Any deaths would have a “dramatic impact” at restoration sites just starting to see enough coral density to make an ecological impact, Moore said.
Staghorn coral may have faired slightly better than elkhorn this summer, Williamson said, but still faces similar long term challenges.
The grim news comes despite other signs of hope at the region’s reefs. Florida reefs are only just able to start recovering now that ocean temperatures have dropped from bathtub-like 90s to levels the heat-sensitive corals can better tolerate.
Scientists have known since the summer that a mass bleaching event and die-off was happening, but they still don’t know the full extent of it or how bad it will be in the long run. Bleached coral may still be alive and recover now that water temperatures are cooler. Conversely, more coral could die because of vulnerability to disease in the months that follow bleaching, coral experts said.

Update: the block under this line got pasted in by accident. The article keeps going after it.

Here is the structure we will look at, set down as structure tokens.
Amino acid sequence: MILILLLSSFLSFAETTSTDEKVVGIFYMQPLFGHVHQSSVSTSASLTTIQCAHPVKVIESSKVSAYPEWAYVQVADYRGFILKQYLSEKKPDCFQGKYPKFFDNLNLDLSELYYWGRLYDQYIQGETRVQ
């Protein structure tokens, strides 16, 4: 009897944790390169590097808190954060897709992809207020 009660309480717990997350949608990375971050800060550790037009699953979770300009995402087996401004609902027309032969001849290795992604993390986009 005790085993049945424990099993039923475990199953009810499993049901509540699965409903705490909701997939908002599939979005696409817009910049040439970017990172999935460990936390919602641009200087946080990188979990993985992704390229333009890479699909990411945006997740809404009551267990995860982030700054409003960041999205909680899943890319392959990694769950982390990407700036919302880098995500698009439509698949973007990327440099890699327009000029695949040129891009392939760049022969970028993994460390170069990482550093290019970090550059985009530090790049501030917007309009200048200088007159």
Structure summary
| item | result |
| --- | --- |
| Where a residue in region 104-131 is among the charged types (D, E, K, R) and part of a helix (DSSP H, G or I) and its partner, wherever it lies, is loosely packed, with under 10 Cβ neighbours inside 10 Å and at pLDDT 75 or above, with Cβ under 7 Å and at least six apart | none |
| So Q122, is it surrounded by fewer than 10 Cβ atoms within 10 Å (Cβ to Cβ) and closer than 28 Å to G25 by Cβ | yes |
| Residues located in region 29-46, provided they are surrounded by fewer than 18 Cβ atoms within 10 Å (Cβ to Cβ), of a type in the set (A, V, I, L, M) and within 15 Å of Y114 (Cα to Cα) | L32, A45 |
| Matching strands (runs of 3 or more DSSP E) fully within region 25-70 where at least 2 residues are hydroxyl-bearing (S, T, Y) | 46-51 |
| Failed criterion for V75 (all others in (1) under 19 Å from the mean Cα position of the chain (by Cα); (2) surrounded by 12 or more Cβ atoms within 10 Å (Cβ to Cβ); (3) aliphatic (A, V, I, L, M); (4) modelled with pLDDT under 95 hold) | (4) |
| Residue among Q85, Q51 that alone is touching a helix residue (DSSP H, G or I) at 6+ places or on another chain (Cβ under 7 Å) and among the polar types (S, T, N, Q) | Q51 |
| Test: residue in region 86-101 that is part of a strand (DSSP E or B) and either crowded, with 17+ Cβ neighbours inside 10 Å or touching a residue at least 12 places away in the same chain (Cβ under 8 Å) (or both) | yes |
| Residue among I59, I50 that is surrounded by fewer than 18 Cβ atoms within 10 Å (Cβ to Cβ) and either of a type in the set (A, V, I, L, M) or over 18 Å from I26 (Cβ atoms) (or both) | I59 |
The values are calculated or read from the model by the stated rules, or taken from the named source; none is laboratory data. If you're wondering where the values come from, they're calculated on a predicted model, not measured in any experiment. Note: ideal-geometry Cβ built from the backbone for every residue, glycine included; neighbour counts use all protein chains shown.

“We are definitely looking at a major mortality event, we just won’t know the extent of it for a couple more months,” Moore told CNN.
‘Glimmers of hope’
For now, some coral scientists like Moore are hanging their hats on “shockingly fast” signs of recovery at reefs recently surveyed and on the prospects of using science learned from this event to give the species a better chance to survive the next heat wave.
“To see corals that were 100% bleached two or three weeks ago regaining their algae and regaining their color also shows there’s resilience in the system,” Moore said. “That gives me a lot of hope. I don’t really know where it’s all going to land, so I can’t really tell you if it’s worse or better than I feared in July, but I am cautiously optimistic because of these little glimmers of hope. We just need to figure out how to maximize it so that we can help this system recover.”